When General Motors made the decision to kill Oldsmobile instead of Buick seven years ago, many questioned whether this was the smart choice. After all, Oldsmobile was producing increasingly better vehicles (Intrigue, Aurora), while Buick remained stuck in its dated image. After driving the all-new 2012 Buick Verano, there’s no question the brand has validated its existence. The Verano not only solidifies Buick’s attention to build quality and quietness, but also might be the model that gets diehard import buyers back into a domestic vehicle.
Why do we say this? For starters, the compact Verano offers the same level of luxury as an Audi A4, Lexus IS 250, or Acura TSX, but at a base price of $22,585, you won’t have to eat boxed macaroni and cheese for dinner the next five years. Even selecting every available option (and it’s a short list: leather seats, heated steering wheel, moonroof, and a few more) will keep you well within your budget.
But price and features aren’t enough to get import owners out of their cars. What will convince them is the sum of the parts: performance, ride quality, reliability and styling, upon all of which the Buick Verano delivers.
Styling elements that will attract include fluid sculpting from nose to tail, unique blue rings around the projector beam headlamps, subtle use of chrome (admirable for a domestic manufacturer), and the classic Buick portholes located on the outer sections of the hood. The reasonably priced Verano looks upscale, especially since Buick has refused to shod it with steel wheels. The fact that there are 18-inch forged alloy polished wheels standard will please many who are seeking substance in a segment where 15s and 16s are the norm. (Plus, we’re told steel wheels are big noise generators…that’s a no-no for Buick.)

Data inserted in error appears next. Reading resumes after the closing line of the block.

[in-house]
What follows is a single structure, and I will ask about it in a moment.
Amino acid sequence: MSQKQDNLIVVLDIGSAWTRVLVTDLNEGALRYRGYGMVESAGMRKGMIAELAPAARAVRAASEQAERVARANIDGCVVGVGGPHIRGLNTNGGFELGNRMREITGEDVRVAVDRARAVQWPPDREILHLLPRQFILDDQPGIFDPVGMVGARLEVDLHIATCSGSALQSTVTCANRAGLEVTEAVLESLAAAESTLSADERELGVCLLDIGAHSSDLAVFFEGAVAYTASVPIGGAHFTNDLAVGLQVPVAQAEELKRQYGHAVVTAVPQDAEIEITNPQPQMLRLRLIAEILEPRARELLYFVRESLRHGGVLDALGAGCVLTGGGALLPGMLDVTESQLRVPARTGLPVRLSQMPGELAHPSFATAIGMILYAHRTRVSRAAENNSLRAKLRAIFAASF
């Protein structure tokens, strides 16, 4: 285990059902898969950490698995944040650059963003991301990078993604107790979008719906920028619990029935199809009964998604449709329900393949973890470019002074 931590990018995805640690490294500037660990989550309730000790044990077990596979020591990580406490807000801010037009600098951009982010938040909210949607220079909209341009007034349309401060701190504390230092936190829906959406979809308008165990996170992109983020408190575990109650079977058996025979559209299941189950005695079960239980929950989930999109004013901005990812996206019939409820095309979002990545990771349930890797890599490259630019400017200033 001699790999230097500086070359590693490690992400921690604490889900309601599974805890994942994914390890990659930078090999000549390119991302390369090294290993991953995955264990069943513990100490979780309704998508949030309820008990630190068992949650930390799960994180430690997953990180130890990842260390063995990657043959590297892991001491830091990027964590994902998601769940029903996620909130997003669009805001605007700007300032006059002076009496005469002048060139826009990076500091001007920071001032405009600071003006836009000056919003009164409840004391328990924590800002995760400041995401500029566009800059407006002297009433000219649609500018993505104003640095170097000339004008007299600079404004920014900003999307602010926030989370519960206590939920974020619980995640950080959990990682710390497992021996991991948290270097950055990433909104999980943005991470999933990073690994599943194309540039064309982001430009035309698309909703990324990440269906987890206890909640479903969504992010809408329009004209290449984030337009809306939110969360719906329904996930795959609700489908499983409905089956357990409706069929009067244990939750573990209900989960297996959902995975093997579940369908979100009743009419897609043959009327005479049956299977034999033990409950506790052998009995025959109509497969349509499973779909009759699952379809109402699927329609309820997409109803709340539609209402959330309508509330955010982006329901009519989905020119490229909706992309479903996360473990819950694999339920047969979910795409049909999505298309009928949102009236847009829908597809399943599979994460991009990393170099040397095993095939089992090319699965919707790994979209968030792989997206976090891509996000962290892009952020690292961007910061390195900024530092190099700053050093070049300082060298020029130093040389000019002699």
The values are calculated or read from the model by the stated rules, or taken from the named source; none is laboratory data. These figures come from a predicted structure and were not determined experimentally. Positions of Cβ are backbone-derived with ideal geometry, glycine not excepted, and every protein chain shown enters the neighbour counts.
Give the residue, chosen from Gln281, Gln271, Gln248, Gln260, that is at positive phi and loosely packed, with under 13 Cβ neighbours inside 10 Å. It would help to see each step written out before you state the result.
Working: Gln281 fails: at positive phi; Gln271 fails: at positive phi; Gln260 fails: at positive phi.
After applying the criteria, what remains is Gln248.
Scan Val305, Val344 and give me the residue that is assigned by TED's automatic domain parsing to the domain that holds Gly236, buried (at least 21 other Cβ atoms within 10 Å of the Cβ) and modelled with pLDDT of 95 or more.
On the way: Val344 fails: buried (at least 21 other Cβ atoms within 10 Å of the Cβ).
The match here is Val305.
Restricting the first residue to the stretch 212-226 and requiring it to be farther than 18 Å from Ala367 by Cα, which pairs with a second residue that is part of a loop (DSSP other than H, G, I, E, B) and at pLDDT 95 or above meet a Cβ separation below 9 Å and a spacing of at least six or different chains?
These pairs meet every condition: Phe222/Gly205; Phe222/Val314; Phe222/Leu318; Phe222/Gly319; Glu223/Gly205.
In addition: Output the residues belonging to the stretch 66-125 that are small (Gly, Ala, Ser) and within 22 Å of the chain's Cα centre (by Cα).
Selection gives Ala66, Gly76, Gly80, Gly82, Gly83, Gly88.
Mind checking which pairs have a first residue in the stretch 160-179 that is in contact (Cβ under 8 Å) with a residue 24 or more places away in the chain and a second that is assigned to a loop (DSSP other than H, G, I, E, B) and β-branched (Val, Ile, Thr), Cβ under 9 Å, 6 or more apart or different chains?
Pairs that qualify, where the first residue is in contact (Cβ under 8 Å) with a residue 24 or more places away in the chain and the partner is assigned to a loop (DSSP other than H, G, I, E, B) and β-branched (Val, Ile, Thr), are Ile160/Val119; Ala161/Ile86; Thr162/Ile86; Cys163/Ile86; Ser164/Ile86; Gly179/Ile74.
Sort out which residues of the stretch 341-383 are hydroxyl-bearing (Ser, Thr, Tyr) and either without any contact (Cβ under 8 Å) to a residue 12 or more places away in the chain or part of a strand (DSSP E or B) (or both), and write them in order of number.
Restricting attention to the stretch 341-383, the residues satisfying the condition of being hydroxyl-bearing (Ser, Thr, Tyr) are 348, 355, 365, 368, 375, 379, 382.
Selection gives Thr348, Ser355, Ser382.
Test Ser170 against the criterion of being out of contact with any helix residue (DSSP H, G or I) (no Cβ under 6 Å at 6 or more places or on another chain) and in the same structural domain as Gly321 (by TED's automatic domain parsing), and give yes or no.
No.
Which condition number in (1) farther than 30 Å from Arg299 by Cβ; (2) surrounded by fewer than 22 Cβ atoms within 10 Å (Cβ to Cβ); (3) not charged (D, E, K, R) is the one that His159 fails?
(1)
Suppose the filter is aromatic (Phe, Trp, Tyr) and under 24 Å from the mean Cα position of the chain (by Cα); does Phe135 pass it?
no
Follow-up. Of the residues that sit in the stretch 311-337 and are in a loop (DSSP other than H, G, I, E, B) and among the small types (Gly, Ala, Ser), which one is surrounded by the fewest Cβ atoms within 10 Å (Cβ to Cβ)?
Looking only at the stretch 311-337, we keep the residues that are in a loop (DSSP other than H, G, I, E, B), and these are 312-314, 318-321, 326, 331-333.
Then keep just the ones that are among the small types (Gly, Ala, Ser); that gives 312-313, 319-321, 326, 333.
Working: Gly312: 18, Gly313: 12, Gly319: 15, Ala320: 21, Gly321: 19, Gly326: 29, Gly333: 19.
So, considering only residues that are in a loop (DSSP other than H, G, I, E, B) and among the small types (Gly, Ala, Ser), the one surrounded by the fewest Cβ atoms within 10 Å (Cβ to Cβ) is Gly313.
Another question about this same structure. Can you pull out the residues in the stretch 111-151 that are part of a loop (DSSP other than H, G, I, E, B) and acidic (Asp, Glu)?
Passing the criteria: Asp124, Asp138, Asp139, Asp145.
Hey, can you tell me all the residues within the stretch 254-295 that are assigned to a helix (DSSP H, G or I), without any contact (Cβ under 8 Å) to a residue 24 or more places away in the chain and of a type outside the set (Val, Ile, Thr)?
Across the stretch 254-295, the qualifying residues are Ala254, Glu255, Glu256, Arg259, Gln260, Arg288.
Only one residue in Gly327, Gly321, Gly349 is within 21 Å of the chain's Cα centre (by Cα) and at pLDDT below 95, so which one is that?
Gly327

But styling alone isn’t enough, and Buick knows that. That’s why it set out to achieve five key objectives for the Verano: Consistency of brand (styling), responsive handling, comfortable seating, Quiet Tuning (Buick’s tag line), and purposeful technology. In reality, this is what every manufacturer strives for, but Buick has more to prove to customers who grew up in Honda, Nissan or Toyota vehicles.
Styling? Check. Quiet Tuning? Absolutely. Where Lexus used to set the benchmark, Buick has completely taken the lead. The amount of padding, baffles, and sound damping materials in the Verano is impressive, and it all works. Driving on rough highway, over expansion joints, or through busy traffic consistently delivers a cocoon-like interior. We like being able to carry on a conversation with our passengers without having to fight wind and tire noise. Keep in mind, a quiet interior also creates less driver fatigue, so longer trips will be more pleasant as well.
While some may scoff at Buick’s choice to put seat comfort on a list of key objectives, we applaud that decision. Commuters know that this is the make-or-break part of the drive. After recently spending eight hours driving to Las Vegas and back to Los Angeles in the Chrysler 200 Convertible, I can attest to that. While the 200 has its virtues, seat comfort is not one of them. In polar opposition to the orange-crate seating in the 200, the Verano’s seat cushions, sculpted forms and choice of materials could have been created in a La-Z-Boy factory. If you think that’s a bad thing, you’ve obviously never owned one of its recliners. The Verano seats comfortably fit just about everyone, provided plenty of support under hard cornering, and let us exit the car after an extended drive without placing both hands on our lower back and screaming in agony. Maybe we can have Buick make a pair for us to use at home…hmmm. So another check in the “achieved” column for the Verano’s objectives.